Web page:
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Social Media Not Just for Revolutions, Also for Rock: But Are Bands Now Guilty of Coddling Their Fans?

March 23, 2011, 10:40 AM
Framinghanley

When I saw Death Cab For Cutie five years ago in Fribourg, Switzerland, I had to leave before the show was over to catch the last train back to Geneva. So did a lot of the crowd.

Did the band notice? And if so did they know the reason was nothing to do with their performance? Would they have bothered to micro-manage the set time with the venue in order to prevent this premature exodus? And then tell the fans not to worry about getting home?

If one band's recent action in this regard is any measure, social media is helping bands find out their fans' concerns and communicate with them in a way to avoid confusion, missed encores, and missed trains. Seems like a win-win: happy band, homeward bound fans.

Nashville band Framing Hanley recently tweeted to fans: "Wolverhampton show: last train to Birmingham is 11:21...show will be over by 10:30 so u all can make it home." The tweet was re-posted on the band's main site, a Myspace page.

This was apparently in response to fans in Birmingham, U.K., complaining about no tour date there, to which the band responded: "For the UKers upset about no Birmingham date: Wolverhampton is only 17 miles away! We've had people in the US travel 1,000+ miles to shows."

So now with greater ease than ever, fans can complain to bands and bands can complain to fans.

Perhaps the Framing Hanley tweets are the work of a well-organized, logistics-minded assistant. Or maybe it's because the band - described on wikipedia as "alternative rock, post-grunge, emo" - just wants to be chummier with fans. And that's more easily done today.

Los Angeles-based musician Brennan McNally says there is indeed "a big change to how bands communicate with their fans that's only recently been possible."

But where should the band's obligations end and the venue's begin?

"Looking into transportation schedules for 30+ cities on a tour is a lot of work for a band, especially if they're smaller or mid level and don't have as big of a management team to do that sorta thing," says McNally via email. "Whereas it would be pretty easy for an individual venue to say 'here's the nearest stop, here's what time it comes.'"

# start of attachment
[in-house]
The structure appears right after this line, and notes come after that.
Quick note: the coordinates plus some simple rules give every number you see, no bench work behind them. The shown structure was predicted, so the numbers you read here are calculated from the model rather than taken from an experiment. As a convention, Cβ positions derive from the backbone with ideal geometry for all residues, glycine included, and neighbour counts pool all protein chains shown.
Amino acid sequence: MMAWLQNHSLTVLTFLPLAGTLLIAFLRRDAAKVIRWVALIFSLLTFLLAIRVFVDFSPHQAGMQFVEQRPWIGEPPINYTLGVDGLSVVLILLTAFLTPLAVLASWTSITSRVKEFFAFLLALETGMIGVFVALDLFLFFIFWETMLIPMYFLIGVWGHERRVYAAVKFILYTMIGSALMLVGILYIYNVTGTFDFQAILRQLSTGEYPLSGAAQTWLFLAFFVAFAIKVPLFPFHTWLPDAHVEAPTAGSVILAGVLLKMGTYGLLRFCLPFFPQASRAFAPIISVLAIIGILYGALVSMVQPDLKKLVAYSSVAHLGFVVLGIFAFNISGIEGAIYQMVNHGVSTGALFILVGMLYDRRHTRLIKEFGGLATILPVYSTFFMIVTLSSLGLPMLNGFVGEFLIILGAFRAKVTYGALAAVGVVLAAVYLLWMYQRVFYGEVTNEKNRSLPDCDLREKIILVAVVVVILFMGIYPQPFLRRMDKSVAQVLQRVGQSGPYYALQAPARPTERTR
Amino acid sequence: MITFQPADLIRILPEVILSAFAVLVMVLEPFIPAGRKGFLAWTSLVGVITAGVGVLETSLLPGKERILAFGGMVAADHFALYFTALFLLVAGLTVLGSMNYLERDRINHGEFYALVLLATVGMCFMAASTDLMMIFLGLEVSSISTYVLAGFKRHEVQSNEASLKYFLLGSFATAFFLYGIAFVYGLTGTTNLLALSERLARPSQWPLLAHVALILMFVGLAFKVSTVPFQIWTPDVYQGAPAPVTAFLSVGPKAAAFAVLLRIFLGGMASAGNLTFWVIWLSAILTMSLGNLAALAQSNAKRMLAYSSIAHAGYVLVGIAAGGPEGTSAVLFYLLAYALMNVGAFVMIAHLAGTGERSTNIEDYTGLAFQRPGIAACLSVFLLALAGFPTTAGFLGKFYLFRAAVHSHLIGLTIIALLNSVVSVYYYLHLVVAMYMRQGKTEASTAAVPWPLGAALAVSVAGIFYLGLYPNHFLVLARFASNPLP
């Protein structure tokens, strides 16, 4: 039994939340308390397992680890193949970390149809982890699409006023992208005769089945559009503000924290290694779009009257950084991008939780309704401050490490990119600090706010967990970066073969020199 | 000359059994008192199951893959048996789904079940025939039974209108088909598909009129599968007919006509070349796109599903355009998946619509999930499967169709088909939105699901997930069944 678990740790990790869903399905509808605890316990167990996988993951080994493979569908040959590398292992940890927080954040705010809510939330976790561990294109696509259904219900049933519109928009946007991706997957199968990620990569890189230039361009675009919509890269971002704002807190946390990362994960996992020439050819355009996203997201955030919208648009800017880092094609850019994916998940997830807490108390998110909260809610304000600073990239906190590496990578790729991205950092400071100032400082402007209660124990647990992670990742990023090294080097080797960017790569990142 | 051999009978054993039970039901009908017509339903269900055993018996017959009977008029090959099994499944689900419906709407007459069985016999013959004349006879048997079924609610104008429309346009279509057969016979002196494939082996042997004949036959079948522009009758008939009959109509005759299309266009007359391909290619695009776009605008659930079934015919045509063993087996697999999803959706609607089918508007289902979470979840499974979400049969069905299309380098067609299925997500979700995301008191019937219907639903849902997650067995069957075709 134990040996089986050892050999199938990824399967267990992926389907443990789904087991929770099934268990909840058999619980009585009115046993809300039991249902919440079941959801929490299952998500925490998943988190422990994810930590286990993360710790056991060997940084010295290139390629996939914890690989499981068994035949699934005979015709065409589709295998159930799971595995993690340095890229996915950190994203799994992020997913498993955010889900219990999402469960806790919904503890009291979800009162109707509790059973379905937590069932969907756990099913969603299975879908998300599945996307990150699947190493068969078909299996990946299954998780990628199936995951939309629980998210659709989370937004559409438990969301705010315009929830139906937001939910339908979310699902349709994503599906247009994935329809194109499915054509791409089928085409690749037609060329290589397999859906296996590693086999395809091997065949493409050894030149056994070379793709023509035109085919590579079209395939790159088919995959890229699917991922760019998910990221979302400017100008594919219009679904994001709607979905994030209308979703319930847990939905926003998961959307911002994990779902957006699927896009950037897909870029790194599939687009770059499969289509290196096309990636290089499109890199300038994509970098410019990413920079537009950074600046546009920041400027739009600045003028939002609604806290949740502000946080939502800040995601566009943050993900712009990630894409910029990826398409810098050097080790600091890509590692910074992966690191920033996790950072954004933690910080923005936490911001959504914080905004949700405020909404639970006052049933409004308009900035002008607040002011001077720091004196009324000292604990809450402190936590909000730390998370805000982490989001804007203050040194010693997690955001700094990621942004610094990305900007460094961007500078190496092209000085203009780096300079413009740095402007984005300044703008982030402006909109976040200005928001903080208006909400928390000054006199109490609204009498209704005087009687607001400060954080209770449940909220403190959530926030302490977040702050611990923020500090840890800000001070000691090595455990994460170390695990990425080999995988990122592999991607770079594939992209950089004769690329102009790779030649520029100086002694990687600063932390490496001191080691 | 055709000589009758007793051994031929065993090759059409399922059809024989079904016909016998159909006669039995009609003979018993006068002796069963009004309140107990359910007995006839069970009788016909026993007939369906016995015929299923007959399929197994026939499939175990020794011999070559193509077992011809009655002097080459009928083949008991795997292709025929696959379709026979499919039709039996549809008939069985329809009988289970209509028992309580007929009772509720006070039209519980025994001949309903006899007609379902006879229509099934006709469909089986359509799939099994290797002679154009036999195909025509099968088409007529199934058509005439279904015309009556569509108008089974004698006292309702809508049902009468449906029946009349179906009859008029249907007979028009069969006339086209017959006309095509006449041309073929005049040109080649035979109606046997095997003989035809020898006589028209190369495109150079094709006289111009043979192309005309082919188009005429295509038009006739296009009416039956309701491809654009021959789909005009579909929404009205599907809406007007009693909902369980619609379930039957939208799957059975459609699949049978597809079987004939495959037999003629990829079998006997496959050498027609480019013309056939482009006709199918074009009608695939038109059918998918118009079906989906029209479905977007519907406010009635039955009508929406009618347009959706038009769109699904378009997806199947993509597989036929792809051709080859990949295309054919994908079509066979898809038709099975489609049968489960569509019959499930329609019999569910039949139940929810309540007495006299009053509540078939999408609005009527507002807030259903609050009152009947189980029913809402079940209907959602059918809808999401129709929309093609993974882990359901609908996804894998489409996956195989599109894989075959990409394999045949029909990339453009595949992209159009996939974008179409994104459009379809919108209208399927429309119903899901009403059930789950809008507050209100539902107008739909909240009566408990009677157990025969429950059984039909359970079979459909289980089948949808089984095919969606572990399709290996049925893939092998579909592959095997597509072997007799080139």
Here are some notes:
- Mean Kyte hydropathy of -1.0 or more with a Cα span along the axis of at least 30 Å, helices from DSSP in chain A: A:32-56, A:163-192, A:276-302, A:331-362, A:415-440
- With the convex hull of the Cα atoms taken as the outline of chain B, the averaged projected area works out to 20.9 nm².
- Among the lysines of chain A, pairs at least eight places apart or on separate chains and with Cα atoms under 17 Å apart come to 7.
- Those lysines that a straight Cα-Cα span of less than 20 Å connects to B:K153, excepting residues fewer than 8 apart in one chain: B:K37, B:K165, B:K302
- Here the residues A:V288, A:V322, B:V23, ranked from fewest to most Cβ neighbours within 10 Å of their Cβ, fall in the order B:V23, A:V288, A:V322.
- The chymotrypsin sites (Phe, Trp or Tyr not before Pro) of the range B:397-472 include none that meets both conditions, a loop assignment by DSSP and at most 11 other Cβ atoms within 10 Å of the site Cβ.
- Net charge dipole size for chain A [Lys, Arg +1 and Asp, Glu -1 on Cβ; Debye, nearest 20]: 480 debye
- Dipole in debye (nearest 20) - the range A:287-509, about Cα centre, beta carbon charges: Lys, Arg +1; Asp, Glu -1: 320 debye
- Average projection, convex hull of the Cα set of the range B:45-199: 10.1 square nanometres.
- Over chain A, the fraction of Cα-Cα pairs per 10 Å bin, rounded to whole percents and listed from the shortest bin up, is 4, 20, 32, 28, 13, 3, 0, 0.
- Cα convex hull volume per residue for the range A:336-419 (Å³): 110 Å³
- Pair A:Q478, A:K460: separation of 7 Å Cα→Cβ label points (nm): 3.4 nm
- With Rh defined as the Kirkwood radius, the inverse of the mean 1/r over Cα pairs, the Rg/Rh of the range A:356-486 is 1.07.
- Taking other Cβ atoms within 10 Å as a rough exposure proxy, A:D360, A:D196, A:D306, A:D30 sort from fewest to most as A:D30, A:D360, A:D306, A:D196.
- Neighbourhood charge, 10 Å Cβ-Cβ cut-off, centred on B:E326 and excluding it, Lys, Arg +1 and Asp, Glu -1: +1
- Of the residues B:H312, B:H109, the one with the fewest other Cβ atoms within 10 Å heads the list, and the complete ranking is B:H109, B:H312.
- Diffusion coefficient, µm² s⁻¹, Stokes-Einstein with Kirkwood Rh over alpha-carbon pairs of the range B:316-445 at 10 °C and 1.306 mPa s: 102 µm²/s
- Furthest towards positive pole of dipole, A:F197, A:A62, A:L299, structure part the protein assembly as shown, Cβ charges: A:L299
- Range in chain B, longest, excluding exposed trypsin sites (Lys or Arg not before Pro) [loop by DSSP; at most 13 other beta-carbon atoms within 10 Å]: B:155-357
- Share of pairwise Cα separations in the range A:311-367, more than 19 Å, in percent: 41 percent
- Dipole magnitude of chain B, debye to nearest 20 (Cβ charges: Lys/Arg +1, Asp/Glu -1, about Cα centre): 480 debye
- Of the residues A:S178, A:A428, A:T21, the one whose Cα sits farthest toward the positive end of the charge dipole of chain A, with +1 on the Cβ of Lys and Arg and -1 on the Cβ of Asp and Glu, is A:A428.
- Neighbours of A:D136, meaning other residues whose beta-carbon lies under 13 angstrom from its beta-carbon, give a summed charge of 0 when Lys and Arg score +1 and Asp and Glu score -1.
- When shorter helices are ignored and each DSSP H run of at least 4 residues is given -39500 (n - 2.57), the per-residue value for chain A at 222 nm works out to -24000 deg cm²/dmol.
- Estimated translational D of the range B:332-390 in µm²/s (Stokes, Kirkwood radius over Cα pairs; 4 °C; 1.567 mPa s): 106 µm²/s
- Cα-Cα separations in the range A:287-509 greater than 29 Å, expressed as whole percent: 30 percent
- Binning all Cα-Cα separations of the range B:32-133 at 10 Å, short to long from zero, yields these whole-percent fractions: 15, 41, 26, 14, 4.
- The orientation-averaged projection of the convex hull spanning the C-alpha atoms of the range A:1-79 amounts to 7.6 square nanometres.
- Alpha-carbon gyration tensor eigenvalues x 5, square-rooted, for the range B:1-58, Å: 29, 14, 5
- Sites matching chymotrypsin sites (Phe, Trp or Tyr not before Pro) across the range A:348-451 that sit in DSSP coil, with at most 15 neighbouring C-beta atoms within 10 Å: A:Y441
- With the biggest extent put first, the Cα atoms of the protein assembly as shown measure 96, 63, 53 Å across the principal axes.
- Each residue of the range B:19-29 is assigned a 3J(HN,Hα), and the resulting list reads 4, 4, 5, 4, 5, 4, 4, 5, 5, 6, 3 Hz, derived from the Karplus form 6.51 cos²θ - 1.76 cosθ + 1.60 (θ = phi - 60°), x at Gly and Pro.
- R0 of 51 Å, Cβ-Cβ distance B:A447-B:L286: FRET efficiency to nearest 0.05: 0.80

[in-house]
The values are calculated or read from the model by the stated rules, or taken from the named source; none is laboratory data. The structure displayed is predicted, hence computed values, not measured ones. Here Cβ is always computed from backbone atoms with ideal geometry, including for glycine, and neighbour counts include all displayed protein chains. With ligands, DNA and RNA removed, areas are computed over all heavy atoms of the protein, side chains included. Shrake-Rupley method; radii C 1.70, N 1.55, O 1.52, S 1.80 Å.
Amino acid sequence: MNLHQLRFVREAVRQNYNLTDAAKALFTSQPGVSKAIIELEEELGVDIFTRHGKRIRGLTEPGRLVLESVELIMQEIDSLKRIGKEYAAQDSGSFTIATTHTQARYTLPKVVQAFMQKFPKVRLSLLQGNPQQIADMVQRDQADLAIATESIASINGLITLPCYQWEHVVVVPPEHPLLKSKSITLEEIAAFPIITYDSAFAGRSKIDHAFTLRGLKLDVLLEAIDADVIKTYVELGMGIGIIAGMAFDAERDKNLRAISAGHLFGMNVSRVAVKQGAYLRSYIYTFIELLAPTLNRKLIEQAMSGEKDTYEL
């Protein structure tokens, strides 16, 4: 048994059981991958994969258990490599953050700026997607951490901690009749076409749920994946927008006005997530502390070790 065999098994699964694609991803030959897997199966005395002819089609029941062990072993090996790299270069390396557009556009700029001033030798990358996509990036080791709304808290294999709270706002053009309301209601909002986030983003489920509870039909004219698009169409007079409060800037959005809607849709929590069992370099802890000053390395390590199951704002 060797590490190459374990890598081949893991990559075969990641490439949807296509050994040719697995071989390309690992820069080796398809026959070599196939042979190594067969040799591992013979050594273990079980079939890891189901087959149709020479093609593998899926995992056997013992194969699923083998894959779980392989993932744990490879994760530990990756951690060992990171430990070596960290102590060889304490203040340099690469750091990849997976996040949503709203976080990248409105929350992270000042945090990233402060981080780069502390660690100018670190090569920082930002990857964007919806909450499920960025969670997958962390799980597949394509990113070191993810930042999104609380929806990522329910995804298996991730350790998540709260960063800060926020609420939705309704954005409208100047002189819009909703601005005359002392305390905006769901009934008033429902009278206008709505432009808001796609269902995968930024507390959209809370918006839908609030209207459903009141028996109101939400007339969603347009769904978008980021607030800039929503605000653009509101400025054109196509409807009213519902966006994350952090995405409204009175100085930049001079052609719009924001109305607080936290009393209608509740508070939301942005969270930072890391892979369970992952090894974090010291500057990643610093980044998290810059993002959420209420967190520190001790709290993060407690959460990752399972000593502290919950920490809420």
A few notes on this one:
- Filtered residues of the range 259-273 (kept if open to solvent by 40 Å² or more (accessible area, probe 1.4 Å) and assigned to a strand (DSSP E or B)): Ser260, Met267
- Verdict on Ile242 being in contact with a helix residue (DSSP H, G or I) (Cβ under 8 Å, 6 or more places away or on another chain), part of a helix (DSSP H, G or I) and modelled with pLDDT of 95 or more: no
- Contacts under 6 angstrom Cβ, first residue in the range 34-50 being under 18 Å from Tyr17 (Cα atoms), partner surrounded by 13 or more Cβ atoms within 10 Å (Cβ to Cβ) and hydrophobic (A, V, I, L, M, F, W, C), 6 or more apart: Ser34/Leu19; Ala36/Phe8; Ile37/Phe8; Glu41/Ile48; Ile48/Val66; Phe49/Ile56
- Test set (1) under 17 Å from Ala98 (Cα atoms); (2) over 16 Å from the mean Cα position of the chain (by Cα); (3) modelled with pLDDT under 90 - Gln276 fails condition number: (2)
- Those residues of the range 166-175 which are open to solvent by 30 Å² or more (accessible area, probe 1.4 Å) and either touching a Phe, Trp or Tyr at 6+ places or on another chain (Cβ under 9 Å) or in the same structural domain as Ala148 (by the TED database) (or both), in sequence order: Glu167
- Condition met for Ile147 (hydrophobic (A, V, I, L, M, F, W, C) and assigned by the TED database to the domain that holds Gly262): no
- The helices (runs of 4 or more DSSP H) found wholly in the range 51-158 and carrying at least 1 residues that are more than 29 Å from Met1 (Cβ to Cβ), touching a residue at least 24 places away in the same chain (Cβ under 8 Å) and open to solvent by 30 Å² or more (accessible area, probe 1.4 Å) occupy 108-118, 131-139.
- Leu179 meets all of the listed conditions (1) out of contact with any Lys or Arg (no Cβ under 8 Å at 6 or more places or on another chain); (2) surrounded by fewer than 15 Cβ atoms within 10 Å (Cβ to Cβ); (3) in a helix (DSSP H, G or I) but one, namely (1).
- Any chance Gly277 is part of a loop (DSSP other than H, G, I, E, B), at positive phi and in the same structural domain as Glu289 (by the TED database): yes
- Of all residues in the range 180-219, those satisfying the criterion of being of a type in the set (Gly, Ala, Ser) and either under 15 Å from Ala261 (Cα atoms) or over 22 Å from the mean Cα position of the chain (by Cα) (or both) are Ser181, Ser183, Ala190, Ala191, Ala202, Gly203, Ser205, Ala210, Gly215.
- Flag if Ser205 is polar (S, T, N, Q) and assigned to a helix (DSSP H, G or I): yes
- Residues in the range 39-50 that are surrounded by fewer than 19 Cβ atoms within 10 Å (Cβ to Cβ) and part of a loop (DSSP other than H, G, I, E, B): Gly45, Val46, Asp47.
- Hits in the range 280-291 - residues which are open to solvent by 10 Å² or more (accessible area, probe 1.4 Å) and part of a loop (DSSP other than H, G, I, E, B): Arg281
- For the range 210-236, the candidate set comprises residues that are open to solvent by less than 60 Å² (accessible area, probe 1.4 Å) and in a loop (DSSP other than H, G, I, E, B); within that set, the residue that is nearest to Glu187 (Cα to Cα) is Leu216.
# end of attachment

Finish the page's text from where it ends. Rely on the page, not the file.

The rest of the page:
Still, the band might have to help make sure fans get this info.

Bands have taken the lead on this even in pre-Twitter times: In 2008, Radiohead played at Malahide Castle in Ireland, 10 miles outside of Dublin, and they both posted train schedules and arranged free shuttles that would take fans directly to the venue.

Does this level of concern take the macho out of the music? The cock out of the rock? Can you imagine Jim Morrison concerned about train schedules for concert attendees? Maybe - when he wasn't being arrested for indecent exposure - but it wouldn't have made into the Oliver Stone version of events.

"The real macho lies in small bands playing small clubs and rocking out till 2am," argues McNally. "So for a bigger band with a bigger (and older) audience like Death Cab, taking into consideration their audience's needs is just a positive way for the band to please their fans."

Please their fans - and avoid a distracting turn of events at a show.

"It feels really weird when you're on stage and visibly see people leaving," says McNally, "even if you understand that it's due to public transportation."

 --Guest post by Age of Engagement culture correspondent Patrick Riley. A recent MFA graduate of USC's School of Cinematic Arts, Riley has worked as a journalist, a screenwriter, and a TV editor. This year he is spending time overseas studying the burgeoning Vietnamese film and entertainment industry, while keeping his eye on industry developments across the Pacific. He will be sharing his observations and field notes with AoE readers.

Other culture posts by Patrick Riley:

HBO’s Game of Thrones: Marketing, Fan Culture, and Closure to a Beloved Fantasy Series

Fan Culture: Time to Get a Life or An Overlooked Opportunity to Educate?

Mother Nature's Sons: Beatles' Progeny Struggle to Create Music Identity

 

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